The Child Labor Public Education Project recommends union and community organizing, free education, campaigns to alter public opinion and universal minimum standards on working conditions as the most effective strategies to end child labor. These strategies are largely geared toward the two-pronged approach of increasing awareness and changing legislation that many social causes have used.
The Child Labor Education Project explains that unionizing helps end child labor by enforcing universal work standards that employers around the globe must adhere to in order to maintain a workforce.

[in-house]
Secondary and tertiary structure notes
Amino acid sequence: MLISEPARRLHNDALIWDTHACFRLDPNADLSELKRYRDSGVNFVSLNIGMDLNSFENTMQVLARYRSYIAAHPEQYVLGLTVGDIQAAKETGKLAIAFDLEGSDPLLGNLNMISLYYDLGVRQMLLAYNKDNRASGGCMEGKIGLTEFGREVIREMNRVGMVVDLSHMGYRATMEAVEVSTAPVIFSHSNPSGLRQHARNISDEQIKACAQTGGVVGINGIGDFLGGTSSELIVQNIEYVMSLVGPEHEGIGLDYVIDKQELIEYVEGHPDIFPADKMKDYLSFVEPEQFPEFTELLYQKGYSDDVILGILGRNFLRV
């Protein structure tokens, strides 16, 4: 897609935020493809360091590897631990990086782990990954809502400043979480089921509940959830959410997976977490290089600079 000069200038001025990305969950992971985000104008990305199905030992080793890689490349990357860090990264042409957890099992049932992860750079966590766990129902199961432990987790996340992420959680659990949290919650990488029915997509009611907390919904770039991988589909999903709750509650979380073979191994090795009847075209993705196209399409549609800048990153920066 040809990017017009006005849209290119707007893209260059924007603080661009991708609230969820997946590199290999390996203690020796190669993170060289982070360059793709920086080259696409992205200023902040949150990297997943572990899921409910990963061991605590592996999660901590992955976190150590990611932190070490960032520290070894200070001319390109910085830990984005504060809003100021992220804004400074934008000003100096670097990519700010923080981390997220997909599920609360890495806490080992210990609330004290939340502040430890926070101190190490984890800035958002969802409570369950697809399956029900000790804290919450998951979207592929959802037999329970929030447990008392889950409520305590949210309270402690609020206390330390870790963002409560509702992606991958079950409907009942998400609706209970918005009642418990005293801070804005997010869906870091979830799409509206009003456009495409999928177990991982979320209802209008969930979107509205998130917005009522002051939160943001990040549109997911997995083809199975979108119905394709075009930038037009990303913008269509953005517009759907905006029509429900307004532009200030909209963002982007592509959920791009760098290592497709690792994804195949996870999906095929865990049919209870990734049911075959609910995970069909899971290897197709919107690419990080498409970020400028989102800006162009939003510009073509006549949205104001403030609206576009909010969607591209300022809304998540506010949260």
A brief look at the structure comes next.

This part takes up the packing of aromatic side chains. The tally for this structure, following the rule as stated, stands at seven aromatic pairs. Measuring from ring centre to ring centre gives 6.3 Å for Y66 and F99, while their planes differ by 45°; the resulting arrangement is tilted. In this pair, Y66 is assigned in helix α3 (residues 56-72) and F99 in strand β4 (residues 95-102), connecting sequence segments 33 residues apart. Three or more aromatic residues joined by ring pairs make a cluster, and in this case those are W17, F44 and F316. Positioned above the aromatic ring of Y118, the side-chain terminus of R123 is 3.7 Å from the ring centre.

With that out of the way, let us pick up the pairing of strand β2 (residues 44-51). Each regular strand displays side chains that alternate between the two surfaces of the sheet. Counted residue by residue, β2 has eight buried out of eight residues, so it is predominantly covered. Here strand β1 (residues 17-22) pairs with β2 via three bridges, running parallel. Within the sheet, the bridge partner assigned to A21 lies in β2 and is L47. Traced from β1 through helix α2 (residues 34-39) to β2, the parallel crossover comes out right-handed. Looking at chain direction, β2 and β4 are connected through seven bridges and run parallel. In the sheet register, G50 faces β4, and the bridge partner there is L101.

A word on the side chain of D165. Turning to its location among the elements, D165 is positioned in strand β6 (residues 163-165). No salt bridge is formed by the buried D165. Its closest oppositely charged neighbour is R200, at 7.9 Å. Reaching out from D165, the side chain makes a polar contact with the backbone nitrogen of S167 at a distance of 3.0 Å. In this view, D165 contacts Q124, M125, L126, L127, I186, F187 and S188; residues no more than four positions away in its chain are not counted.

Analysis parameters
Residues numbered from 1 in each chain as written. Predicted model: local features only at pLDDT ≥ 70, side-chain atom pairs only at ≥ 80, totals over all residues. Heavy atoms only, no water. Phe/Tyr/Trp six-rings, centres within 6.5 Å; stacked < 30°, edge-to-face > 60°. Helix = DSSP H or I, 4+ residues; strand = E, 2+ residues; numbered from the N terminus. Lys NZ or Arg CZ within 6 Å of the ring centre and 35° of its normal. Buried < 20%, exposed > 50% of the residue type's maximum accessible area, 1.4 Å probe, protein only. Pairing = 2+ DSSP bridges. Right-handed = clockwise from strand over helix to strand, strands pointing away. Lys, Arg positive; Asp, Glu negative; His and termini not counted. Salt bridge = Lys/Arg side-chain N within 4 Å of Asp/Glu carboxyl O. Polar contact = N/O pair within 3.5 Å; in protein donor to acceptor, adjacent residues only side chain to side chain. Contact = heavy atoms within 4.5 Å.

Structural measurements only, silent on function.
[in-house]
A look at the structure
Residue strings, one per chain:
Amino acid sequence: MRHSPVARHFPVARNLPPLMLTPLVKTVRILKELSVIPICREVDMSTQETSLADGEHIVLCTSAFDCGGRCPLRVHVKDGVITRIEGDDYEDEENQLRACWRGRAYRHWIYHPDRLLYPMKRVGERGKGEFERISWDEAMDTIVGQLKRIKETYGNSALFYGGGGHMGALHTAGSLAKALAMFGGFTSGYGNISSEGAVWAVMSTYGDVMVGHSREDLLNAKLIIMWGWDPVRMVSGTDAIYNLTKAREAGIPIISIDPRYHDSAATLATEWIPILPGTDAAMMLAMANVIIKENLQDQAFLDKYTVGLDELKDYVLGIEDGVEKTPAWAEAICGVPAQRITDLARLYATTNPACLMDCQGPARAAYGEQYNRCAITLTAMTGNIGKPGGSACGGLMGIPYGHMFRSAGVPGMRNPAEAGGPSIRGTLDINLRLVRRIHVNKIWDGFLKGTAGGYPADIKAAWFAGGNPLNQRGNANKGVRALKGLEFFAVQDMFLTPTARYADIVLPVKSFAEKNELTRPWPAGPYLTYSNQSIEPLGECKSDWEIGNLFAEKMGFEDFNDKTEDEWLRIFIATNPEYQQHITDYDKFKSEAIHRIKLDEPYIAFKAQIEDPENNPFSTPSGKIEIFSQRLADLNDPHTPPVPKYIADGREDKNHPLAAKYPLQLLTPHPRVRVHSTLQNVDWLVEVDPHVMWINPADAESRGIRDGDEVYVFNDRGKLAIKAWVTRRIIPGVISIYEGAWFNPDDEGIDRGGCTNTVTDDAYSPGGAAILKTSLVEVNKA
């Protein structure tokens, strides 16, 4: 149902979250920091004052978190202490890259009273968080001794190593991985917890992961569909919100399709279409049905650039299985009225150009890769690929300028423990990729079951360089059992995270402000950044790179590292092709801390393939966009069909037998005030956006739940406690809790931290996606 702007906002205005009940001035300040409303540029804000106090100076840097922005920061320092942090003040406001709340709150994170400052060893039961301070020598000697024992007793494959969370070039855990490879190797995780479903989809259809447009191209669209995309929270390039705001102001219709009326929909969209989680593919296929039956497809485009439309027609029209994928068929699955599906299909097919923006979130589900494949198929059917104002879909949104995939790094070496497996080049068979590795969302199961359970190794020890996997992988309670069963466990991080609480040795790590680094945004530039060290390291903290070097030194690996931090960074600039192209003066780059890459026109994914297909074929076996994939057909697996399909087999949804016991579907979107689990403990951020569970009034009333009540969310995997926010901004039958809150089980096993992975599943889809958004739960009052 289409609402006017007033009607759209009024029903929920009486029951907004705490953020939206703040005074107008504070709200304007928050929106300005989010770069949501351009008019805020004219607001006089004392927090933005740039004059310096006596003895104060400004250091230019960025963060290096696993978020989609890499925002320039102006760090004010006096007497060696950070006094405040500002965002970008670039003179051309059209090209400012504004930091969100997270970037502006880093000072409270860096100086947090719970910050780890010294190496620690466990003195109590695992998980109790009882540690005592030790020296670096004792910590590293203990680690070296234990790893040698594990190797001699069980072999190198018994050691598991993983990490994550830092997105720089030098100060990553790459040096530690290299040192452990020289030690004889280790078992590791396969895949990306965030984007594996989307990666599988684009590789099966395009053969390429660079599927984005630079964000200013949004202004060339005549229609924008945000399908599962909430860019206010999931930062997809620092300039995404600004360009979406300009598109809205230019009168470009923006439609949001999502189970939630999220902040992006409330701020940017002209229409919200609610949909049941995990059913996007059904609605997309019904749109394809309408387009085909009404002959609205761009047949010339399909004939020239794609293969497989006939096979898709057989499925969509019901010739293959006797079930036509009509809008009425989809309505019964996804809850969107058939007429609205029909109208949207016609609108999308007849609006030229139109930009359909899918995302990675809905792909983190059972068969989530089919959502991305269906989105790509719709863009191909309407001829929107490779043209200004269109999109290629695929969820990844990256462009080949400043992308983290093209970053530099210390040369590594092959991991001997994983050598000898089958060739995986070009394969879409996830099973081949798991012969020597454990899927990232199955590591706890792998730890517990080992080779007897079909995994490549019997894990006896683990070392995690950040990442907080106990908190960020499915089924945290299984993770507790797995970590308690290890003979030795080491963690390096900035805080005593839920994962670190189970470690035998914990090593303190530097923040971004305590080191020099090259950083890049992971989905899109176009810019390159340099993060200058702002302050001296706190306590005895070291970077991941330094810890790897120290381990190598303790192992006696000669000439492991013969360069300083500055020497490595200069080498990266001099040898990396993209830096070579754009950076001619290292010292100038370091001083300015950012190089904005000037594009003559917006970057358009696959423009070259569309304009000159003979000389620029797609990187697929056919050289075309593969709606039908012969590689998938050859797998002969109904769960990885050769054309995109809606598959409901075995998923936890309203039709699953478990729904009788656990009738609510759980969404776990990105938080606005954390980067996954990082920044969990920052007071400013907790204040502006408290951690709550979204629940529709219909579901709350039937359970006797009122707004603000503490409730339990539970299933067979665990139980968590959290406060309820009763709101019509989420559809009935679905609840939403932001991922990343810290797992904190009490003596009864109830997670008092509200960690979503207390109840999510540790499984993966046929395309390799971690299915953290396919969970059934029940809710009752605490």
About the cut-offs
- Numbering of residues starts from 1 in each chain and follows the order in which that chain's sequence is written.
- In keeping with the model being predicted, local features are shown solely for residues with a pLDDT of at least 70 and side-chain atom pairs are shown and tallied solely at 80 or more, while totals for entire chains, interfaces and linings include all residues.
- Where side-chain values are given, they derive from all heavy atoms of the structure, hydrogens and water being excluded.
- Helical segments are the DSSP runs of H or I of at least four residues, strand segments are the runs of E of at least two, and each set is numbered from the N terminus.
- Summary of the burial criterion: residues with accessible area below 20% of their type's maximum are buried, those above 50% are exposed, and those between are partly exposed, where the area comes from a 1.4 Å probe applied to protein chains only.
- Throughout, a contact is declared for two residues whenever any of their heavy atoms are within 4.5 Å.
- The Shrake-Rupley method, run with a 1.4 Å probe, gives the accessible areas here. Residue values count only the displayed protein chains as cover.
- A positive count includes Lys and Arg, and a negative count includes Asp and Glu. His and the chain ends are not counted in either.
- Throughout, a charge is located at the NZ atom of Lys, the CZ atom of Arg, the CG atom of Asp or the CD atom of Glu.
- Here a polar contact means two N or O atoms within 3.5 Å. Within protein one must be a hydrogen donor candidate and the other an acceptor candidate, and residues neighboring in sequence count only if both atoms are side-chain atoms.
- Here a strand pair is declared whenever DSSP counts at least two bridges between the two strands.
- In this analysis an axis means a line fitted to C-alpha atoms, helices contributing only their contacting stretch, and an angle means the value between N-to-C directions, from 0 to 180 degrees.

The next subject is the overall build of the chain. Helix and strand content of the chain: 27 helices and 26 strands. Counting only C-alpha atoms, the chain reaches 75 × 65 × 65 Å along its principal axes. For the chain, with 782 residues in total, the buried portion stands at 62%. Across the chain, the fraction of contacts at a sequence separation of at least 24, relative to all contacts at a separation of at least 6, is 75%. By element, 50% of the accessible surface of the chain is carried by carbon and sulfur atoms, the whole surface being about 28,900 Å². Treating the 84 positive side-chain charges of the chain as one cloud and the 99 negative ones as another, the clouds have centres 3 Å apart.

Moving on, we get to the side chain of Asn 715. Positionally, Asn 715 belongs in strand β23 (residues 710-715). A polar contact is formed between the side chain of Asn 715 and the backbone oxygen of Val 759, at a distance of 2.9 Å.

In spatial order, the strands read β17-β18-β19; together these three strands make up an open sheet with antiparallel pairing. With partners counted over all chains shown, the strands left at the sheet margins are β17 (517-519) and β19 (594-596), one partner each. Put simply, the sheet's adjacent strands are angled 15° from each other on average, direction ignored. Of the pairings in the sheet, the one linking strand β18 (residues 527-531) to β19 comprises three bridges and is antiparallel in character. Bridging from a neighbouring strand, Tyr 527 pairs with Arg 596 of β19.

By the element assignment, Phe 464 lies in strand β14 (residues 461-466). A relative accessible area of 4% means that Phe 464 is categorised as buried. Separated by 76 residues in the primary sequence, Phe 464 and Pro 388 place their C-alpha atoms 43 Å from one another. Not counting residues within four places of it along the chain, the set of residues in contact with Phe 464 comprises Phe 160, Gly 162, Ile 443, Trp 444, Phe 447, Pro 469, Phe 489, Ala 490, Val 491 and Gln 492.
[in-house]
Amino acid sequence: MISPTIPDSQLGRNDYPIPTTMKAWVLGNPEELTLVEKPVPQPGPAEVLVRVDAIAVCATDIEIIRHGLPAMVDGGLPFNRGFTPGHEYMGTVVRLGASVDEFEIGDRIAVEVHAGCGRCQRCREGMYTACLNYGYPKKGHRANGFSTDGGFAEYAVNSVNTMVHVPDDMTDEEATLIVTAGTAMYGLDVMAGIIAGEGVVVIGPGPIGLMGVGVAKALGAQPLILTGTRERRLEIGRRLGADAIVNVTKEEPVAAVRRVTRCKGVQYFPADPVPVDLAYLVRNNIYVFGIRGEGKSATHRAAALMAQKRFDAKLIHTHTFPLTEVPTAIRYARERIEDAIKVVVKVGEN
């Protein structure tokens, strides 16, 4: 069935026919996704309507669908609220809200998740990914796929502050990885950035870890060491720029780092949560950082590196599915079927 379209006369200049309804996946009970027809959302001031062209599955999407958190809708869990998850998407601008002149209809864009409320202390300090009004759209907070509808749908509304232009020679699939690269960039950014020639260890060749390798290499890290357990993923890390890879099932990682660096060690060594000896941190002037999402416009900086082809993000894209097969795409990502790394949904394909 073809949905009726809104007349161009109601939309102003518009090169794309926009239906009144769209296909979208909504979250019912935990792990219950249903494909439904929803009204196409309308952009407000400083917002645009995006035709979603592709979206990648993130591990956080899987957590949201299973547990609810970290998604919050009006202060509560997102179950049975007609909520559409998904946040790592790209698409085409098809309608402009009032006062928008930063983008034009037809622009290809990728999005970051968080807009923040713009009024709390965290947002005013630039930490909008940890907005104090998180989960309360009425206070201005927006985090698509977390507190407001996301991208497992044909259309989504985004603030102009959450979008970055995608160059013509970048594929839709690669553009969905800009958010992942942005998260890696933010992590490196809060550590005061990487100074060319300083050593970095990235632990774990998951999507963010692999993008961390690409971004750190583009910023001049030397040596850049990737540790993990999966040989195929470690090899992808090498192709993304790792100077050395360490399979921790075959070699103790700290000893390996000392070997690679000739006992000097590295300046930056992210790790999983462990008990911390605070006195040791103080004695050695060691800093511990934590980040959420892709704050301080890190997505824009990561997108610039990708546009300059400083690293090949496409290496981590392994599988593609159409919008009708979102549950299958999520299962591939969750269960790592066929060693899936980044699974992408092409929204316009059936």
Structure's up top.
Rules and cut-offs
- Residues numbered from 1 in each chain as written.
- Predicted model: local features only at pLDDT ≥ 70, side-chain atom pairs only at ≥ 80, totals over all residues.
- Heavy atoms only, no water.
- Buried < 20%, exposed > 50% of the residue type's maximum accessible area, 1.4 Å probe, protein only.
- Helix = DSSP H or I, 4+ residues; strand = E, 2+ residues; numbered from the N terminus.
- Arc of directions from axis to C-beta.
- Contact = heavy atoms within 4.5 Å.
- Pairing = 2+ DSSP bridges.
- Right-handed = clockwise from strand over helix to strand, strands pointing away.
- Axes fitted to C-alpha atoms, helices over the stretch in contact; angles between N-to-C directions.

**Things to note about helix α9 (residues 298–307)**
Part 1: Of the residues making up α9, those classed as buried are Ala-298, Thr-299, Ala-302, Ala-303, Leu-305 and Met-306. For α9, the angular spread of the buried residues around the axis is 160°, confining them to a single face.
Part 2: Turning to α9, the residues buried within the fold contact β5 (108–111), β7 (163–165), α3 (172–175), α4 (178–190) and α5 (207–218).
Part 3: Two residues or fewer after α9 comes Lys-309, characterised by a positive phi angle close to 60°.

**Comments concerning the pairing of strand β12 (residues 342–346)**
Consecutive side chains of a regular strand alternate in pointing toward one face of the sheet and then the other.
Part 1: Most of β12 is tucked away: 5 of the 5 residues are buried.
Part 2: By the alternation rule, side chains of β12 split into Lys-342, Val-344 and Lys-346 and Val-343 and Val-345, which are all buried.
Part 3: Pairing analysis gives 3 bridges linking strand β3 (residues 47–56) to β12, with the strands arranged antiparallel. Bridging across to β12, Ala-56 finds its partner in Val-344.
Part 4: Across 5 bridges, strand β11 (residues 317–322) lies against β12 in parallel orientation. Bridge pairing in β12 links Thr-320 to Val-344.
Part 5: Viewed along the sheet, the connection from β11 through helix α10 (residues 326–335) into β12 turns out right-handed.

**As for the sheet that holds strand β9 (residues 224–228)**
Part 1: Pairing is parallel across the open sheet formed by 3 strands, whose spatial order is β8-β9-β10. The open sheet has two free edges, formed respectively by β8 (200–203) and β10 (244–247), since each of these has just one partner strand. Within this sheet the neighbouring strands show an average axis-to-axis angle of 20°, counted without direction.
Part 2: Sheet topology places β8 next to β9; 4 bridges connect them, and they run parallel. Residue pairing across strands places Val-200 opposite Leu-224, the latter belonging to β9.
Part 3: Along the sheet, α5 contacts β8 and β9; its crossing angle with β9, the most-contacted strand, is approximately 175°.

Other organizations, such as the International Labour Organization, take the approach of organizing community book drives. The books are given to non-governmental organizations, which then use the books to create small libraries within local communities. The goal is to allow children free access to books so they can become educated and increase their chances at living a better life and not falling into the cycle of child labor.
An article by the Stop Child Labor Coalition recommends a vastly different approach, suggesting that the primary issue behind child labor is the low wages farmers receive in developing countries. The article posits that paying farmers higher wages would allow them to educate their children rather than using them for labor.